We capped off the last night with an amazing Lebanese dinner and heard stories of how God is working in each of their lives. Finally when it was time to call it a night, they asked a favor. They asked their pastor who had to leave his country for the safety of his bride and son what he missed most about each one of his staff members. As he cited to each family member what he misses most about them and shared stories and acknowledged each ones gifts, I was undone. I thank God that He called me to be a pastor but I am no where near the pastor He called me to be.

    Real persecution serves a purpose and it’s painful. James would tell us to count it joy when he was addressing the tribes that were scattered abroad. All of it serves a purpose and while we don’t understand it or like it, God is glorified! He is good indeed.

  8. Michael says:


    Thank you for that.
    We need to hear these stories…but we really don’t want to listen.
    Help me keep this in front of those with ears to hear.

  9. Nonnie says:

    It boggles the mind that western governments are giving money or promoting the giving of money to groups (armies) that are causing such violence against Christians, as well as others in their own religion, in the name of their religion. Why would the US and UK support these haters?

  10. covered says:

    Nonnie, when we pulled out of Iraq, there were around 35 registered evangelical churches in Iraq. A conservative estimate was probably 30k believer’s. Now with no Americans to stop the murder, kidnapping etc, many of the pastor’s are leaving as their families are being threatened. This leaves many sheep without a shepherd and it won’t stop until every known pastor is killed or run out of the country. When you look at the numbers, the body counts aren’t high enough to act on or for our liberal media to report. Now, if this were happening to our Muslim brothers and sisters, it would be remedied right away. It is what it is.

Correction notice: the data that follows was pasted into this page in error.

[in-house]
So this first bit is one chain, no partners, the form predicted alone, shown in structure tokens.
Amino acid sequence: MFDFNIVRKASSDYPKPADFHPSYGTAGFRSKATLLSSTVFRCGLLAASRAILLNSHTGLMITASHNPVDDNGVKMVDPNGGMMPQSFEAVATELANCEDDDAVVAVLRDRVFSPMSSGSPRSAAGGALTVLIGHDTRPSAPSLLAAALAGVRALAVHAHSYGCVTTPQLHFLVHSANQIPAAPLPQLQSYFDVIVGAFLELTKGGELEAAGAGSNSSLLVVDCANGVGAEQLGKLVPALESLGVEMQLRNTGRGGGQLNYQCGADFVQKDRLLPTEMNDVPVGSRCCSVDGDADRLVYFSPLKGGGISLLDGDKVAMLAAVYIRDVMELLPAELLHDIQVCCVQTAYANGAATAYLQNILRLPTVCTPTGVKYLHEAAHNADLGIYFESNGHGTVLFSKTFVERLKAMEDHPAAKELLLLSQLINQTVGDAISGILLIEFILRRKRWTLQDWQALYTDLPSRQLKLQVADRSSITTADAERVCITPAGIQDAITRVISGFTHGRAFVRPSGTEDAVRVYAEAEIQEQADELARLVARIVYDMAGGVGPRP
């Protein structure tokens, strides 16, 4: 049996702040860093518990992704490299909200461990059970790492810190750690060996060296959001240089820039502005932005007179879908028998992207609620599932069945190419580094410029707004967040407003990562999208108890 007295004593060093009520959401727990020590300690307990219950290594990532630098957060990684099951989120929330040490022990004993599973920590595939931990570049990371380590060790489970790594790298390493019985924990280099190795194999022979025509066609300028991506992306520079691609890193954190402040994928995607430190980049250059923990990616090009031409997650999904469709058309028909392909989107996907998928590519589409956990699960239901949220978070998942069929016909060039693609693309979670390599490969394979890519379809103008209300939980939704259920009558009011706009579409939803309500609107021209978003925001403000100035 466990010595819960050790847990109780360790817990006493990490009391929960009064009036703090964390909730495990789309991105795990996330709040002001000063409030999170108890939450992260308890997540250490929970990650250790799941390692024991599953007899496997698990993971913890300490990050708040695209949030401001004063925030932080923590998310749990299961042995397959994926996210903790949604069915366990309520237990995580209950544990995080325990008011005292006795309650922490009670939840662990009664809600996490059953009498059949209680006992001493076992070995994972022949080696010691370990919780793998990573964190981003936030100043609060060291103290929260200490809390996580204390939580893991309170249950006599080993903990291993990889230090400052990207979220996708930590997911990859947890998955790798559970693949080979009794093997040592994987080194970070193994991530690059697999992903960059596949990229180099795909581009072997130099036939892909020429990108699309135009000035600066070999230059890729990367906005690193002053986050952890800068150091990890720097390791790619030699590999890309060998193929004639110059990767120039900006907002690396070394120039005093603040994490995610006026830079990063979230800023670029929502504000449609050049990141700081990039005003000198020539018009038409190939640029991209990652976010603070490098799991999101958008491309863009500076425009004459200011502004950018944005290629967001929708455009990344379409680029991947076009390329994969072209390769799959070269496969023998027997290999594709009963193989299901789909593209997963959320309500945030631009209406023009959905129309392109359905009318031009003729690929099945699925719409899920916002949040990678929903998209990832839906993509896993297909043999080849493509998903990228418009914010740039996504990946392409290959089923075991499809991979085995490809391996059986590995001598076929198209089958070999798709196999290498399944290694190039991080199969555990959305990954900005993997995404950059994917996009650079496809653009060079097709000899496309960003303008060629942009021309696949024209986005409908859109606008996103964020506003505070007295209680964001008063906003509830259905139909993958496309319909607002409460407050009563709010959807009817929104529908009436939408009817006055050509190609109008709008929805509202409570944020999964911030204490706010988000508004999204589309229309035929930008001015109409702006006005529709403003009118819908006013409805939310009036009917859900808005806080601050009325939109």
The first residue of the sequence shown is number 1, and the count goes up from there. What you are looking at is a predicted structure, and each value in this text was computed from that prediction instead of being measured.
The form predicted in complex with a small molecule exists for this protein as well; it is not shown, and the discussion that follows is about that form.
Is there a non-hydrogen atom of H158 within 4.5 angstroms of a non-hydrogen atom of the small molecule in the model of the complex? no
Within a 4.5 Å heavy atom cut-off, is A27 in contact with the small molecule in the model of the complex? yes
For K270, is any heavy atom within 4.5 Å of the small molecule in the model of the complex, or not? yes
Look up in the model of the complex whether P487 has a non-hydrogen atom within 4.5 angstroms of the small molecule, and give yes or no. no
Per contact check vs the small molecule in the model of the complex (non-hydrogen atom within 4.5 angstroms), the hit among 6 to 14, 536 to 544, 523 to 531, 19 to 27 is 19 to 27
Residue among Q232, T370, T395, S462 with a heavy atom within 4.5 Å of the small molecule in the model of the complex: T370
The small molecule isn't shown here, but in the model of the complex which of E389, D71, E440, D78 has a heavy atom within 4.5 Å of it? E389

11. Anne says:

    In the US, I would dare say , many of the “faithful” represented in congress and throughout the nation, sadly do not consider Orthodox Christians to be “real” christians. Thus the grievous lack of widespread concern or uproar, IMO.

  12. Anne says:

    Reports you won’t see in mainstream US media:
    I have given up on mainstream corporate sponsored media for in depth news, but thankful for the many journalists here and worldwide still working to tackle the hard stories.

  13. Anne says:

    covered – it is happening to “our muslim brothers & sisters”. The different sects and regional tribes are slaughtering each other in even greater numbers last time I checked.

    Also, from my seat in the peanut gallery, both liberal and conservative media wonks seem to have the same blind spot when it comes to this issue.

  14. Anne said “wonks.” I love that word, but I can never remember to use it.

  15. covered says:

    Anne, my issue is that the numbers of believer’s are diminishing at a rate that soon there will be none in these regions of the Middle East. I also believe that because Christians are hated by so many, that the truth will never be reported. I haven’t checked statistics on Muslims being persecuted but if it were so, we would hear more about it. It just seems that Christians are much more expendable in the Middle East.

  16. Muff Potter says:

    Anne wrote:

    The different sects and regional tribes are slaughtering each other in even greater numbers last time I checked.